EDITORIAL COMMENT: Commonwealth efforts good for progress

Source: EDITORIAL COMMENT: Commonwealth efforts good for progress | Herald (Opinion)

Zimbabwe’s application to rejoin the Commonwealth is moving along, slowly as can be expected with a group that has a tiny secretariat and where every decision is taken by consensus, one step at a time, but we can hope that the present second step, the long consultation process, can see the process considerably advanced for the summit scheduled for Kigali in June where final decisions can be taken.

The Commonwealth, in many ways, is an odd organisation. Its membership is built on the old British Empire although all members are now equal sovereign states, the equality of the independent members being stressed and the number of independent members growing rapidly after the Second World War as Britain became serious about decolonisation.

Some have doubted the usefulness of the organisation. One famous doubter, then long serving Malaysian Prime Minister Mahathir Mohamed, made his doubts public at one stage and set up a team to examine the benefits and costs to Malaysia. 

The result surprised him, enough to offer to host the next summit in Kuala Lumpur.

In recent times both Mozambique and Rwanda applied for membership, although neither had ever been in the old empire, along with Cameroon which had incorporated just a corner province that had been under British trusteeship. 

Namibia, a former German and then a South African colony, shot in on independence, even before South Africa became a democratic country and was allowed back in.

It is certainly not an alliance. One member then, Ireland, stayed neutral in the Second World War and South Africa nearly stayed neutral until the Government split and the minority wing joined with the opposition to form a narrow Parliamentary majority to fight the Nazis. 

In more recent decades two members have gone to war with each other.

But it can take action. The “Rhodesian crisis” had a major Commonwealth input, right from UDI when it was made clear to Ian Smith that he could forget about recognition until Zimbabwe was moving rapidly to a real democracy right up to the famous Lusaka summit in 1979 where those edging towards acceptance of a fake majority rule system were persuaded to back off and the outline of the Lancaster House conference that led to true democracy was hammered out. 

The Commonwealth was also critical in ensuring that the resulting election was free and fair, as indeed it did in Nigeria when that giant moved from military rule for the last time to a democratic civilian government.

South Africa stormed out in the early 1960s when everyone made it clear that apartheid was not acceptable, and the Commonwealth was able to take action with sports bans, important when most rugby and cricket countries were Commonwealth members, and more importantly with joint financial measures, to bring pressure on the apartheid regime.

Zimbabwe’s application to rejoin is predicated on the Second Republic’s major foreign policy of re-engagement with everyone, those who like us and those who do not like us very much.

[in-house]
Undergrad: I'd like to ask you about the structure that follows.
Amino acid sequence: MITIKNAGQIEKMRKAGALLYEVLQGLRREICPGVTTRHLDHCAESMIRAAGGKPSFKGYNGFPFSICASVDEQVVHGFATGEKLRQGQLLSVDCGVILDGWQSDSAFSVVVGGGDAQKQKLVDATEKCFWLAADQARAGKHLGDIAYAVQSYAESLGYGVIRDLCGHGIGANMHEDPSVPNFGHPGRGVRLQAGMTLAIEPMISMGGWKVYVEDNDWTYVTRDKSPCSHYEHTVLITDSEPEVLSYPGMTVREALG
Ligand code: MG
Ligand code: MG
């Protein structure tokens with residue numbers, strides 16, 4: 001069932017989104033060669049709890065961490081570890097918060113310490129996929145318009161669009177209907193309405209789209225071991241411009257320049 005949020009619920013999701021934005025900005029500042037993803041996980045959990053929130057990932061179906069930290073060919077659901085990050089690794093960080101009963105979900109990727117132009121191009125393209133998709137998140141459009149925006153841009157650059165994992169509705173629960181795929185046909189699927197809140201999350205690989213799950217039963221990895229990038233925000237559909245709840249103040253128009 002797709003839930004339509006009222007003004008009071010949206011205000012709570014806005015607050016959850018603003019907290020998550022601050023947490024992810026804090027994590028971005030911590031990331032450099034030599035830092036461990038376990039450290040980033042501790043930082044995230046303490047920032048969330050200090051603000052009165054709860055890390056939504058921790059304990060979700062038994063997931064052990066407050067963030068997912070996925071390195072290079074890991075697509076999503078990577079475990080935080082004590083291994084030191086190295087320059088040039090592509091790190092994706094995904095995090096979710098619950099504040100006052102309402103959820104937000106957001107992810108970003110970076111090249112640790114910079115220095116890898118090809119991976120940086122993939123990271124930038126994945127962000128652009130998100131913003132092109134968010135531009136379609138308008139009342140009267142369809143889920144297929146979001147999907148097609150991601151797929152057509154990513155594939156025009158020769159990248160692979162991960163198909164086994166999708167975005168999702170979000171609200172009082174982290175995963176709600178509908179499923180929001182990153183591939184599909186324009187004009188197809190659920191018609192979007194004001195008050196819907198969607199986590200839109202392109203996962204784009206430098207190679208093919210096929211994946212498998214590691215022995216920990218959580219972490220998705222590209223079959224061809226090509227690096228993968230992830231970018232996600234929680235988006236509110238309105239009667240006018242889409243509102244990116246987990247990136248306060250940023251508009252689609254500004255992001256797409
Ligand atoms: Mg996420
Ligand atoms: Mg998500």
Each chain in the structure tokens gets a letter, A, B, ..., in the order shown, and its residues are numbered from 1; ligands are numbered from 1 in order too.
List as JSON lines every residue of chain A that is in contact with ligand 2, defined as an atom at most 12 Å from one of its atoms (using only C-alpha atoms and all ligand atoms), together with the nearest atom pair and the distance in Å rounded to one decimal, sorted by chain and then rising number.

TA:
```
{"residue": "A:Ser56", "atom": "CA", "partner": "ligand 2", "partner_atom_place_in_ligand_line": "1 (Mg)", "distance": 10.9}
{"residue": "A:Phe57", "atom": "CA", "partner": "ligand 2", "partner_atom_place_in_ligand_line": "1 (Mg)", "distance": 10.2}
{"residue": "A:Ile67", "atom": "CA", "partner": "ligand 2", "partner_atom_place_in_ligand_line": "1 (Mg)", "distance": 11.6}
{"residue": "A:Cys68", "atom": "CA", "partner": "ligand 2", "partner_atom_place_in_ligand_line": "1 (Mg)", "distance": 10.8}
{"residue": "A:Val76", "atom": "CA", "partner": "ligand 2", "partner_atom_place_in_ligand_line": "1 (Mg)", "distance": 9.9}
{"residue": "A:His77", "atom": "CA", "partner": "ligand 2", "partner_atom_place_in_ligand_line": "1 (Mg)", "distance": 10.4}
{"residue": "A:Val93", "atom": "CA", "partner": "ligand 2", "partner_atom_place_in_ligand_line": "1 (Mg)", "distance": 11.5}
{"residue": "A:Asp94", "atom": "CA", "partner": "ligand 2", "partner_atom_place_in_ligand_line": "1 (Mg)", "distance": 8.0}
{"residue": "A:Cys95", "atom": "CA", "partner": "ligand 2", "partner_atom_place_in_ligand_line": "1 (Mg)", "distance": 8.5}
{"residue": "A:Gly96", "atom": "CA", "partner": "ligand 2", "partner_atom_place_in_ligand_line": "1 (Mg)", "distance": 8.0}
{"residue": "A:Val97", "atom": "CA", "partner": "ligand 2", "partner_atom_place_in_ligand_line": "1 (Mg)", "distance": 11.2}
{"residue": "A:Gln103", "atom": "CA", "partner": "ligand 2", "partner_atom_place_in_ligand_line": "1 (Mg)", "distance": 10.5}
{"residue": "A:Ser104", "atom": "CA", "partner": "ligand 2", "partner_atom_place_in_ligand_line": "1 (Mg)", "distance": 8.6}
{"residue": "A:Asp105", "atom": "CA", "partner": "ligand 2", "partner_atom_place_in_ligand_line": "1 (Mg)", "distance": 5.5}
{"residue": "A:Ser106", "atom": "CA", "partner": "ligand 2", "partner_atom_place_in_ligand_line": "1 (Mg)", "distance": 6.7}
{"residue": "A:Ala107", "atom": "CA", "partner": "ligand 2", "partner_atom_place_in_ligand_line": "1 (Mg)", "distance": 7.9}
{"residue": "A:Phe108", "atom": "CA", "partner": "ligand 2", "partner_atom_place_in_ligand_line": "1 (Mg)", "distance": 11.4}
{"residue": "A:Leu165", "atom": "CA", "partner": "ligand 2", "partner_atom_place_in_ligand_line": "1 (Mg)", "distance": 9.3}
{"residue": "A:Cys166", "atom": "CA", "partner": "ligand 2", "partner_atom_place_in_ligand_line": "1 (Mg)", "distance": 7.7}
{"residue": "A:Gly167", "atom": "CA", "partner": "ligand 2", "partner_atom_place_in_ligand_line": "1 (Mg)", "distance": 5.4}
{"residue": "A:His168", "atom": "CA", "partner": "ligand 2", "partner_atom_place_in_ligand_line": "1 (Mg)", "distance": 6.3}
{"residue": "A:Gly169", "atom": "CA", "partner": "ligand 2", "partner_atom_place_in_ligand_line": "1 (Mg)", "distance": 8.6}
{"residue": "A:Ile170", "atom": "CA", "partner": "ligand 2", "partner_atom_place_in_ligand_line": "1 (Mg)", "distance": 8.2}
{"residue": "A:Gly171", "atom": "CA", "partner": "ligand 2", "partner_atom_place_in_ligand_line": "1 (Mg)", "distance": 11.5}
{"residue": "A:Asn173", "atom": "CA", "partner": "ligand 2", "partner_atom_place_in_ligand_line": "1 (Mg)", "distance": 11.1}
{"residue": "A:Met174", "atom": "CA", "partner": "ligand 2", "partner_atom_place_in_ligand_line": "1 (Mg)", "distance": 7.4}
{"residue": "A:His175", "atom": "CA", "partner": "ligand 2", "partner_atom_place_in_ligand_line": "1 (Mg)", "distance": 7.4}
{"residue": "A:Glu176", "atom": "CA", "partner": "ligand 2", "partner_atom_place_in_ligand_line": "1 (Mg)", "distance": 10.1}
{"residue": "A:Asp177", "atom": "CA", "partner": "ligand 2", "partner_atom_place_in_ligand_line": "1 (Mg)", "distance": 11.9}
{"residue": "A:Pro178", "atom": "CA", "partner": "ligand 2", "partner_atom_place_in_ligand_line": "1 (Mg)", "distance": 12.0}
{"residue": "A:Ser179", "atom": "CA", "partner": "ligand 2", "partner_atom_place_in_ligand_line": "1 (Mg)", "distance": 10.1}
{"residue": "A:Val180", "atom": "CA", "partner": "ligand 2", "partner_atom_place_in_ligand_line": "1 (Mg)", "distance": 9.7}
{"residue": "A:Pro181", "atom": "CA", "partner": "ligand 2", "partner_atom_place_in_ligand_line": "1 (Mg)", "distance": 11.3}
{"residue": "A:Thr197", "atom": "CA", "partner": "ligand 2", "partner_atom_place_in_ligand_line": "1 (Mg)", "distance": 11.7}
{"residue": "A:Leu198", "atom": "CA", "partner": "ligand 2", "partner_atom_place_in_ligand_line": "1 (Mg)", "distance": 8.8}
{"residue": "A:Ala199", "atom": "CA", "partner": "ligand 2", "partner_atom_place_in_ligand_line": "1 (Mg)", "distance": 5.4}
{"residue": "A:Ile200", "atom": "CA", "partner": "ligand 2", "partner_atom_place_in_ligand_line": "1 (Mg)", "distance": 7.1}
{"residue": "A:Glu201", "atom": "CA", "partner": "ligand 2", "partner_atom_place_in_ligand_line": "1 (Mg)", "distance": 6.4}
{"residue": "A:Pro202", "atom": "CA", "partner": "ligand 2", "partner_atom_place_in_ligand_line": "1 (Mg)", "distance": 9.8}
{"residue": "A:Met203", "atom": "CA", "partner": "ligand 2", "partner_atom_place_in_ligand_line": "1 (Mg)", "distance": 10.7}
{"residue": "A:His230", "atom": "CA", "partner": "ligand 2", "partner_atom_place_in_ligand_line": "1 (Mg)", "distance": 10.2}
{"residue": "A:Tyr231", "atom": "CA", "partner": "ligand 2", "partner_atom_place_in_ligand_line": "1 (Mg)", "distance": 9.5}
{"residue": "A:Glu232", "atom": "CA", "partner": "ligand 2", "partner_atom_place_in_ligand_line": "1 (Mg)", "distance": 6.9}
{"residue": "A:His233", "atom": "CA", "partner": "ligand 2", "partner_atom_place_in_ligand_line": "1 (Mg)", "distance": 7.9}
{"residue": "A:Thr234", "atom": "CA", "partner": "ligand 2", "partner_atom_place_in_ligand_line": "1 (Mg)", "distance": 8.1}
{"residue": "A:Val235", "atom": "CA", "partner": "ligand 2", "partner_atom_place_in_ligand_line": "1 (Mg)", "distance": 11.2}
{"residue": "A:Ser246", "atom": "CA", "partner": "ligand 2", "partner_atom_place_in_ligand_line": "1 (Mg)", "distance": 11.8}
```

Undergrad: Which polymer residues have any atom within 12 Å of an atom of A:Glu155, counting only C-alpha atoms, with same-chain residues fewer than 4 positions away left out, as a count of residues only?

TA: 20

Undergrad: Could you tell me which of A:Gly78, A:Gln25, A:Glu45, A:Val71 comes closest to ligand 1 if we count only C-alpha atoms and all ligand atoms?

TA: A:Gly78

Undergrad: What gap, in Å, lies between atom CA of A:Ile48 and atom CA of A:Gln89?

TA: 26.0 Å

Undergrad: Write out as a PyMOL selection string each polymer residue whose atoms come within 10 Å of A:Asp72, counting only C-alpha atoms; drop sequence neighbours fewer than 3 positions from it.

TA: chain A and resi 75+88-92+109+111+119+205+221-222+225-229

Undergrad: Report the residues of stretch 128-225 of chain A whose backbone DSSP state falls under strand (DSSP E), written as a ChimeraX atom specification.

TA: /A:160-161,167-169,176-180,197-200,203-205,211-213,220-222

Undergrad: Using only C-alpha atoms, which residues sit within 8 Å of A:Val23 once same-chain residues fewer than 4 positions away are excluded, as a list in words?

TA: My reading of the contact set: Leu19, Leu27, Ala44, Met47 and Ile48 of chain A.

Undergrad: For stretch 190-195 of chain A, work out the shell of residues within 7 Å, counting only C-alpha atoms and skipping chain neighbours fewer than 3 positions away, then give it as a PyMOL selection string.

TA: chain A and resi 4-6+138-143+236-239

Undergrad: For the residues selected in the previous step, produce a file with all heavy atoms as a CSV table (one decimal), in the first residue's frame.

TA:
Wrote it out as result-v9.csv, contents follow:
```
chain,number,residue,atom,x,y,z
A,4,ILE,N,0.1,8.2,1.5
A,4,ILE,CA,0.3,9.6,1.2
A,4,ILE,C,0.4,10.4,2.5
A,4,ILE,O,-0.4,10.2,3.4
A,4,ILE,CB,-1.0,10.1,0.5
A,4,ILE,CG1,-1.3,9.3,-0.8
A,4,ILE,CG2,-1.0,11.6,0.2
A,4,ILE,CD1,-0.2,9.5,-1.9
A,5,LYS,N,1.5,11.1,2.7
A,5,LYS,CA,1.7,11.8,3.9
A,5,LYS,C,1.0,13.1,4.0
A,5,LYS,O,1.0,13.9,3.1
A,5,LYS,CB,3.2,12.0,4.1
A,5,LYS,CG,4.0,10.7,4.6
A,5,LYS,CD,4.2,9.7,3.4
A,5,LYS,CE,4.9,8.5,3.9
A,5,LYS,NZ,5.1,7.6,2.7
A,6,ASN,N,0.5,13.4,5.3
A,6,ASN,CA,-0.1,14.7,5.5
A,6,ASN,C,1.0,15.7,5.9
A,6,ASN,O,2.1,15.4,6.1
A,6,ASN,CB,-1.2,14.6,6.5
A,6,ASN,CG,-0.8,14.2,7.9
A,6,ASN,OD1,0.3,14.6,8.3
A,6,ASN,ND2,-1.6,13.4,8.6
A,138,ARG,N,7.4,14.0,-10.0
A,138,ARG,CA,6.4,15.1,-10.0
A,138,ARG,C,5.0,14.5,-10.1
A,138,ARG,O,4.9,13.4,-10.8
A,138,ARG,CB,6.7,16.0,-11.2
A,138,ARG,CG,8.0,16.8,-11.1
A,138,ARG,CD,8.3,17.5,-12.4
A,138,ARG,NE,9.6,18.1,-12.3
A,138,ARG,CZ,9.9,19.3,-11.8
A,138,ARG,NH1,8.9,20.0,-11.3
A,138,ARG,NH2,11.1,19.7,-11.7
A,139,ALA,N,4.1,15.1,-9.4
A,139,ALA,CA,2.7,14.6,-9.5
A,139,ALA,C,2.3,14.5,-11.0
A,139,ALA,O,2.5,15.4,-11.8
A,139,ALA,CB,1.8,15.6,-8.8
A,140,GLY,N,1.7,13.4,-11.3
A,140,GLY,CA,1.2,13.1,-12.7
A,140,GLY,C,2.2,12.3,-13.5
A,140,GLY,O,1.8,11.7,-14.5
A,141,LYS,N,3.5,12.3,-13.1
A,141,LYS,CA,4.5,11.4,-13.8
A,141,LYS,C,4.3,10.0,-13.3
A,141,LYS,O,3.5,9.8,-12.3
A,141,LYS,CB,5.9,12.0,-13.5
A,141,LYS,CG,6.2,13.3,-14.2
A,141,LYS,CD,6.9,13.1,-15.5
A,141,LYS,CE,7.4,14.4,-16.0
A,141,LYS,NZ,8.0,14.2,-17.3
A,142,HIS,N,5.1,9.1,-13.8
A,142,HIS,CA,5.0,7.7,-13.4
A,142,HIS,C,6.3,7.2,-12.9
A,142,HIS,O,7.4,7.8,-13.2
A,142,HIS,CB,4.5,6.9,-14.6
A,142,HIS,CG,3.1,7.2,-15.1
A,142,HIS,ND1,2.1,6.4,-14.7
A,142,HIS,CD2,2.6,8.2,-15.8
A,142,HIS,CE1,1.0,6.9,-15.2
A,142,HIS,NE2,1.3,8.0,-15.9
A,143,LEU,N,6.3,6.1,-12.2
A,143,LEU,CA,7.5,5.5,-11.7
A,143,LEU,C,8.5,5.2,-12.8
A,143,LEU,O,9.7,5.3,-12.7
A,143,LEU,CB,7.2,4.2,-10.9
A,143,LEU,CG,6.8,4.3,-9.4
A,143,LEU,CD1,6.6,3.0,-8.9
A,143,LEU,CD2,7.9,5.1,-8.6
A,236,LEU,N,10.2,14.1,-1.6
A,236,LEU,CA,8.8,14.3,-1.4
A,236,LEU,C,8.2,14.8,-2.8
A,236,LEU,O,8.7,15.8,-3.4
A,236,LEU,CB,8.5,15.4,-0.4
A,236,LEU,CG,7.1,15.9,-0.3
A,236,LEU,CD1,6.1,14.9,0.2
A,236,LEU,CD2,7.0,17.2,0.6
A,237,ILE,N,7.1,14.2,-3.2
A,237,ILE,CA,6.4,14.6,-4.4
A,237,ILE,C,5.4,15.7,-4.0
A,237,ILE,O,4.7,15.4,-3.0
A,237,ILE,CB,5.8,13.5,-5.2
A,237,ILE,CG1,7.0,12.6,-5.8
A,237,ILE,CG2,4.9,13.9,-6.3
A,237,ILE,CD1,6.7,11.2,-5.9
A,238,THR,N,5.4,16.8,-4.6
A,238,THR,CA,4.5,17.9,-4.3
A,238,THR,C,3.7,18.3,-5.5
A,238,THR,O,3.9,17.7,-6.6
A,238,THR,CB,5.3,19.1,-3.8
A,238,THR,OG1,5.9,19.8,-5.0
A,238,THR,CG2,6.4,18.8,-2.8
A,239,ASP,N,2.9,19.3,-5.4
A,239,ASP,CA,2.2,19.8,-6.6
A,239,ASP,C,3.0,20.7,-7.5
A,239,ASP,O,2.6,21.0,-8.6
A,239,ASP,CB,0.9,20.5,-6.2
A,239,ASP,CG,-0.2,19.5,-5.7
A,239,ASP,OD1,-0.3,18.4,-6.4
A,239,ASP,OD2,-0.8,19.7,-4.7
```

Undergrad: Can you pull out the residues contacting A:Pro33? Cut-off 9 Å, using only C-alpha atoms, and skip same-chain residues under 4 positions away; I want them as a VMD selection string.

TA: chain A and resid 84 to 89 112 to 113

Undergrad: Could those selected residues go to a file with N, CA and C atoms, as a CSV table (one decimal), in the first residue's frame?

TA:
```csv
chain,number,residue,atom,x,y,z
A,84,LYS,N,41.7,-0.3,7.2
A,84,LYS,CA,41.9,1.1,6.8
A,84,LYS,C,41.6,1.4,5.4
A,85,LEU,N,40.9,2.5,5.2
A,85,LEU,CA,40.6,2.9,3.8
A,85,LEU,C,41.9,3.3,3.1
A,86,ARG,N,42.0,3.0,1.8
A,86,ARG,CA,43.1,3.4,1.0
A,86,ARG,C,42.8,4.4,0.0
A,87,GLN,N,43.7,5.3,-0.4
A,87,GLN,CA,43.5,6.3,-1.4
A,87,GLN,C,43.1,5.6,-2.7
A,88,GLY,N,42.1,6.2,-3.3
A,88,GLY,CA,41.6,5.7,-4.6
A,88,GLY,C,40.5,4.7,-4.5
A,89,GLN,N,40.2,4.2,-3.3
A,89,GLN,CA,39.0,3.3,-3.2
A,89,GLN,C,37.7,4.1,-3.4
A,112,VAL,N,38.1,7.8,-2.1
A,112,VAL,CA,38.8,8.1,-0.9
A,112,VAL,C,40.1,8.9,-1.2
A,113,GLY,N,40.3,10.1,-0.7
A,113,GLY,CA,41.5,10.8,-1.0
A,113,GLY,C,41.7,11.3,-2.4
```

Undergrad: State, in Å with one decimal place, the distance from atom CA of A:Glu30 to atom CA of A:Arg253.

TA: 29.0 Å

A great deal of the diplomatic isolation Zimbabwe faced under the later years of the old dispensation was unfair, and the sanctions applied by some were illegal. 

But to move forward we have to start from where we were when President Mnangagwa won in 2018 what everyone agrees was Zimbabwe’s fairest and freest election rather than sit back and wait.

This is why so much effort in the Ministry of Foreign Affairs and International Trade has been on taking the initiative to open contacts and talk. 

Taking our seat at the Commonwealth table again would be a big step forward in that process. That, after all, was the main reason why this year’s summit host, President Paul Kagame, was so keen on Rwanda joining as he put the country back together after the appalling massacres, and probably why he now wants to show off the progress made over two decades, and rightly so.

The Commonwealth is very useful when you want to make contact. It groups around a quarter of the world’s nations, which cover around a quarter of the world’s population and surface area. 

But, and this is one of the hidden factors in Commonwealth dealings and especially in summits, there are no translators; everything is in real time and face-to-face, without witnesses. 

It is easily the largest international grouping with every document and conversation in a single language.

And it is not just that common language, even if in many cases it is a second language, for whenever Commonwealth groups from junior officials all the way up to Heads of Government meet, they pick up the nuances since everyone went through similar education systems and enjoy similar legal systems, even when these have diverged or arise from different sources. 

In retrospect it was probably a bad idea for Zimbabwe to have walked out almost 20 years ago as a reaction to what was seen as gross unfairness and schoolroom lectures. Other members who had hit similar problems and been suspended simply shrugged their shoulders, carried on and waited, and took their seats again when cooler heads prevailed. Sometimes when you want contact your offer is refused, so just shrug and try again later.

So while the Commonwealth is not nearly important enough for membership to be a matter of life and death, and in any case we are on very good terms with most Commonwealth members, both bilaterally and in many other forums from SADC all the way to the United Nations, it would still help accelerate our already impressive engagement policy.

It would be yet another sign that we were just a normal country trying to do our best to bring prosperity to all our people, sort out our problems and be willing to talk to anyone and everyone if that will help our progress.

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